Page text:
A Level Gaze

"What effect must it have on a nation if it learns no foreign languages? Probably much the same as that which a total withdrawal from society has upon an individual."
--G.C. Lichtenberg



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Wednesday, August 14, 2002
 
One of the great faults of this age is that a great many people have become convinced they are incapable of grasping current events. No one feels himself smart or informed enough to be trusted with independent assessments of his environment; we need academics and ‘pundits’ for that. The glib shall lead us. Ugh. The complexity of the obvious is stressed at every moment, facts are multiplied, and sloppy but thorough argotization of every field disqualifies all but specialists from comment. What should be a tip-off that the whole show is mostly a sham is that these 'specialists,' who are supposed to know, who are paid to know, often disagree with one another on every issue, their mutual starting point of 'conventional wisdom' being largely content-free.

It is assumed in media circles nowadays that every speaker on every topic has a political affiliation. It is assumed that everything said by said speakers will be in accord with their political views. The inescapable inference is that there is a higher authority to which our academics and pundits answer which trumps mere objectivity. The last assumption is that the two sides will never come to agreement about anything but the most screamingly obvious points. The truth is never really at issue, as honest, best-guess approximations almost invariably fall into the no-man's-land between Left and Right. When the debate is between Right and Center, as has become routine, the centrist position is tainted a priori by virtue of its being one of the two poles.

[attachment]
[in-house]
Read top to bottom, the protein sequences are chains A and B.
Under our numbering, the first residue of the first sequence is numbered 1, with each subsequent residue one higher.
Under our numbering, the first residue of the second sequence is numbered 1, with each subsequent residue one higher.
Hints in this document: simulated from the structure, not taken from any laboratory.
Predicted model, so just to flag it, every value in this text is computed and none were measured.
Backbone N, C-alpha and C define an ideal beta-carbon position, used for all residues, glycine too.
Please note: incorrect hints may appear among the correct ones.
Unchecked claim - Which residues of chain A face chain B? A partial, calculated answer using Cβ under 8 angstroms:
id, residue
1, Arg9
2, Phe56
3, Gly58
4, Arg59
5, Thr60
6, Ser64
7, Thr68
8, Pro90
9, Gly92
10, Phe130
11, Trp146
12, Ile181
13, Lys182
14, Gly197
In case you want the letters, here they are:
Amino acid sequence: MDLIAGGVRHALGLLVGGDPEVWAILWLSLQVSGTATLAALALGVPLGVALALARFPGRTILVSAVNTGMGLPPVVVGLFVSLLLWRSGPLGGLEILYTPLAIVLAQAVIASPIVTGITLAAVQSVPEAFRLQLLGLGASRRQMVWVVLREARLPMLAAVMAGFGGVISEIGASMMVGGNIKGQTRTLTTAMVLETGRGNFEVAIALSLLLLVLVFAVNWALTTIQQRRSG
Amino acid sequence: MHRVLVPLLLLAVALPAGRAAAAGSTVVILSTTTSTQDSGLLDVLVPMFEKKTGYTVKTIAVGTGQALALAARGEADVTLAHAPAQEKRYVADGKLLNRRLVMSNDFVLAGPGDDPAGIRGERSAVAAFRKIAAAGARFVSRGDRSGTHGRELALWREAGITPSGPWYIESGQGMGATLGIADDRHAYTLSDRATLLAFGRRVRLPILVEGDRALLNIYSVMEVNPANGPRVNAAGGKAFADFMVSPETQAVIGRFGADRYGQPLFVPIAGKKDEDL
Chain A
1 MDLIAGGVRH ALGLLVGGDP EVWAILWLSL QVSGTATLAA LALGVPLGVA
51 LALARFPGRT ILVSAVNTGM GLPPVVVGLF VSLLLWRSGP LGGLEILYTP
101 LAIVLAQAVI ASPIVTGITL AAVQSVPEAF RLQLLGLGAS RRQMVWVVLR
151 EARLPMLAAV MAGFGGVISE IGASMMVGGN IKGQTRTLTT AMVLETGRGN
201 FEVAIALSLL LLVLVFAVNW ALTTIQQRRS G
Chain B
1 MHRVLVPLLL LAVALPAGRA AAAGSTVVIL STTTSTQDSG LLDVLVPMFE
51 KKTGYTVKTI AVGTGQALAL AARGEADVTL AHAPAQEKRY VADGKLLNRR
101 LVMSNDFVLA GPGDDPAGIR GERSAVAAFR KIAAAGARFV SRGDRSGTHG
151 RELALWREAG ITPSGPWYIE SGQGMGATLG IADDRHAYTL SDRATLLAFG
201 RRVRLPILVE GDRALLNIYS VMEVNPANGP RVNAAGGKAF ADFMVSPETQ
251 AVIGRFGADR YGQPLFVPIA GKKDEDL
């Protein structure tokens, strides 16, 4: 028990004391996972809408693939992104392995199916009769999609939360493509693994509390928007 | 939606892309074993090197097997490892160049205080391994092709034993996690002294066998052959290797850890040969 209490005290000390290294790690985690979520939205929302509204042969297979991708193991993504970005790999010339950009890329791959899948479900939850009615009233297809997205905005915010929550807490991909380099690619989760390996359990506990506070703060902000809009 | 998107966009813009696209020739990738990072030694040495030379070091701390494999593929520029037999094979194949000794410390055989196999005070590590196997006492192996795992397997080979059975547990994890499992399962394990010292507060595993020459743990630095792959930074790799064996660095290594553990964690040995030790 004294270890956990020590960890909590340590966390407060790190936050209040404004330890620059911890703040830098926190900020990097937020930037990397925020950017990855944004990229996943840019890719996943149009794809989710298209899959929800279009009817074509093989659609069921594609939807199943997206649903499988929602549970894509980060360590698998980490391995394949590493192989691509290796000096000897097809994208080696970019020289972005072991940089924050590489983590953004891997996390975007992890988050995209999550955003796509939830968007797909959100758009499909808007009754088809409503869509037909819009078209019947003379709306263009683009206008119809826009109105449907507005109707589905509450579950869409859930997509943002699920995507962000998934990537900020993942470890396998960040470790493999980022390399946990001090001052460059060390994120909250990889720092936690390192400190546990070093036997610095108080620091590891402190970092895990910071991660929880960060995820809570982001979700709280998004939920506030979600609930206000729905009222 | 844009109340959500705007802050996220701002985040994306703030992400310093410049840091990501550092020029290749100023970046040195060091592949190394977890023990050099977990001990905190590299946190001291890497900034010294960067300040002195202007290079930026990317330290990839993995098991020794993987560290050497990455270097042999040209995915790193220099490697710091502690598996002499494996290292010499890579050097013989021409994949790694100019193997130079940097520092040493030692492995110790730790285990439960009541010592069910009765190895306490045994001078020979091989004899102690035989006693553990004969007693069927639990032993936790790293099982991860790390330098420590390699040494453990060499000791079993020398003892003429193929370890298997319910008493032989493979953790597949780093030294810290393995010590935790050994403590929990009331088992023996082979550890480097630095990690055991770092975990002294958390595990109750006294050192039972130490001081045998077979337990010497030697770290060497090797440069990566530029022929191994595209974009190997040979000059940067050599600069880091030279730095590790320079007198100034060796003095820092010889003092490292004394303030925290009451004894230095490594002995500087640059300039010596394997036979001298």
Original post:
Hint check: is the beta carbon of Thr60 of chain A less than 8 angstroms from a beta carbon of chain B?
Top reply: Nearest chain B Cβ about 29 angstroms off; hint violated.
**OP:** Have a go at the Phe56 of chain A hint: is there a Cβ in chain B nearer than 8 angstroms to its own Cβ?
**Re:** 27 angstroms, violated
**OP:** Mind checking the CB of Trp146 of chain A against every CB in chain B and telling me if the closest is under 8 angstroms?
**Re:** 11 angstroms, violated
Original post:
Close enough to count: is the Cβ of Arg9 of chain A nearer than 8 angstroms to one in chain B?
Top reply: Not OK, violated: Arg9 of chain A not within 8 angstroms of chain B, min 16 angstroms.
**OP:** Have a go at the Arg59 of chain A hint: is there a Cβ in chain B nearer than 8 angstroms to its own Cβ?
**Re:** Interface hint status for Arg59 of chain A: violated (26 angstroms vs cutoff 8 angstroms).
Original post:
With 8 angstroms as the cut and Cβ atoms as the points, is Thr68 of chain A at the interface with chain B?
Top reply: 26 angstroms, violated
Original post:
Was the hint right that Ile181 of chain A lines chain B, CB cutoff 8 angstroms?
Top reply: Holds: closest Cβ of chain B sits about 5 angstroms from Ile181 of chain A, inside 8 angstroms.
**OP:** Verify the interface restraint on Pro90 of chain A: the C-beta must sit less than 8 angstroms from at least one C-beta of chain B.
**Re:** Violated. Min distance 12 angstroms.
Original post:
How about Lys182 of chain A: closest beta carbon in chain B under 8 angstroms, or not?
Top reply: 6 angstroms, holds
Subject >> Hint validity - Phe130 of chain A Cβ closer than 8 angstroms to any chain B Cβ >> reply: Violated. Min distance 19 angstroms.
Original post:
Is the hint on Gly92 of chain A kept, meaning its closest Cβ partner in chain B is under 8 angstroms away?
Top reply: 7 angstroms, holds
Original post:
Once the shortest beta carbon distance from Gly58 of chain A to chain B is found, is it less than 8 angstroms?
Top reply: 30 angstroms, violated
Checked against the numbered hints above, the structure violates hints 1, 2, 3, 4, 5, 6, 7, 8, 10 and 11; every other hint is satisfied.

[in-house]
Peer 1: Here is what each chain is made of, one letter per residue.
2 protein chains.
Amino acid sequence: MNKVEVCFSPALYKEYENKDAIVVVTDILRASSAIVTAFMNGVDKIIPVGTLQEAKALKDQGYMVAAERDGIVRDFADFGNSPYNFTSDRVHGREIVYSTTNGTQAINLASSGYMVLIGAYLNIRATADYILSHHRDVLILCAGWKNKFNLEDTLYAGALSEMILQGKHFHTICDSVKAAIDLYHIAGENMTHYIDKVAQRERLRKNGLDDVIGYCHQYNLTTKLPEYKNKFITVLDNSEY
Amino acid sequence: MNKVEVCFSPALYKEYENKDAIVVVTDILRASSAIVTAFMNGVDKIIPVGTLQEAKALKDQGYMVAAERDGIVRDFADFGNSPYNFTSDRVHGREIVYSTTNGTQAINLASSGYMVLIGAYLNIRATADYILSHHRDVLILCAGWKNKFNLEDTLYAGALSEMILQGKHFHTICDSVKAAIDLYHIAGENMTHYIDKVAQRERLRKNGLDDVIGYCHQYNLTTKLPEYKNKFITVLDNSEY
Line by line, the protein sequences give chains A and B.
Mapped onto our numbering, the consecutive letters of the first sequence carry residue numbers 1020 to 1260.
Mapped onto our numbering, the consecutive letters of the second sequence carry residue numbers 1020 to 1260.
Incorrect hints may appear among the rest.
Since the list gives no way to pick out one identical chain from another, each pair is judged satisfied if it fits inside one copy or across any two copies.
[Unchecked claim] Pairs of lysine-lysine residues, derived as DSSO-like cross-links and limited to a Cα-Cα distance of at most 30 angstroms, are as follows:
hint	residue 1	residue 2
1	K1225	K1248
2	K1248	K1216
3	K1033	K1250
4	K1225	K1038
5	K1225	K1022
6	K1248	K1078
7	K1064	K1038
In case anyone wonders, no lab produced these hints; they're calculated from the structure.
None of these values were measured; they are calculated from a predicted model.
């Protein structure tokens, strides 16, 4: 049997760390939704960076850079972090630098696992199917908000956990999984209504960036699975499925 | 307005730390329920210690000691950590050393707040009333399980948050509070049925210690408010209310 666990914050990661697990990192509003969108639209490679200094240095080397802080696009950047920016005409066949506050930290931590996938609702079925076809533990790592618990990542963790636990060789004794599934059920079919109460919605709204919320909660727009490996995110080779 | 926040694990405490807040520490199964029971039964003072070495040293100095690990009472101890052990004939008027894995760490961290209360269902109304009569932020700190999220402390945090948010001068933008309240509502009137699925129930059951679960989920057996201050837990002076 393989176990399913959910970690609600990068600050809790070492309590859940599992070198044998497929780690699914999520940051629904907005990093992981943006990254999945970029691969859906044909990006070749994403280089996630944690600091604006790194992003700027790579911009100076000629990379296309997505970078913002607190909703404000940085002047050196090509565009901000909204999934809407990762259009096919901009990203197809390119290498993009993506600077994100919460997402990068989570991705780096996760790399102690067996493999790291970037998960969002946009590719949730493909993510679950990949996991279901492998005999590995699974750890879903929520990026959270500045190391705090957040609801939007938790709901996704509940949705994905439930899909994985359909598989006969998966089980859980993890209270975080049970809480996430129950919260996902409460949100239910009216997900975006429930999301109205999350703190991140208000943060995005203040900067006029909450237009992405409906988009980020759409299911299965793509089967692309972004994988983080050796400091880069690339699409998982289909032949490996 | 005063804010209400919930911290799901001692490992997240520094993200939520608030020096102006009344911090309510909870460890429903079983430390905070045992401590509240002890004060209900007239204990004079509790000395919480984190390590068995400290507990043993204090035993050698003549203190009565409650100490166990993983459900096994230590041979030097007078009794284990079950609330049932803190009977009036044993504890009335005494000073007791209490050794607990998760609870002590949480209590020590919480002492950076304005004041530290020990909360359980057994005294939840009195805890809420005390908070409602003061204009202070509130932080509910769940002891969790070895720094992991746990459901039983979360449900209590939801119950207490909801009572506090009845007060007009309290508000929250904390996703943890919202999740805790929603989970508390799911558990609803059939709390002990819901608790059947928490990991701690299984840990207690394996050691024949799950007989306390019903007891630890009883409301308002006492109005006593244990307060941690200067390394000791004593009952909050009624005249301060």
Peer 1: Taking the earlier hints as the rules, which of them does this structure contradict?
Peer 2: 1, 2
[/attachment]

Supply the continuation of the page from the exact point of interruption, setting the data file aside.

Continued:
Where it turns ridiculous is that practically all votes are cast by laymen. Our system presupposes, at the very least, that citizens will vote according to their interests. But many actual and potential voters are unable to define their interests, much less determine which candidate in a given race is more likely to foster them. For those unable or unwilling to dig around the spin and form some semblance of their own opinions, all they've got are the media.

Possibly one reason so many people don't vote is because they don't feel knowledgeable enough to make the right choices, and they don't trust the media to help them. Many of those who do vote jump on the political bandwagon of either of the parties, often for cosmetic or hazy ideological reasons bearing little relation to their interests. People who say "well, all politicians are full of crap, anyway," are indirectly indicting the media as well for their inability or unwillingness to cut through the "crap."

Did the Republican rump--the non-wealthy, anti-tax, knee-jerk anti-big government types--really think things would be better for them under a party that was mostly concerned with lowering the taxes of the rich and gutting government services and protections? As for the party line about increasing investment by giving the rich more of 'their own money,' since when did the rump start thinking long-term? Did anyone in the mainstream media, save for a few lonely voices, point out the contradictions in Bush's tax plan? Did everyone in the media point out the obvious fact that he was counting the same money twice in his plan to privatize Social Security? The answer to both questions is no, which is why the rump didn’t know any better. The same holds true for the attention paid to the Clinton “scandals.”

Concentration of the media among a few wealthy owners has created a great incentive to get citizens to give up thinking for themselves. It is they and their friends who will receive the tax cuts and government contracts, it is they who will fatten their profits by eliminating regulations, unions, and workplace safeguards. Best of all, gab-fests cost less to produce than ‘real’ news programs. The media has blinded the sheep, and with reassuring words and pats on the head, leads them to slaughter.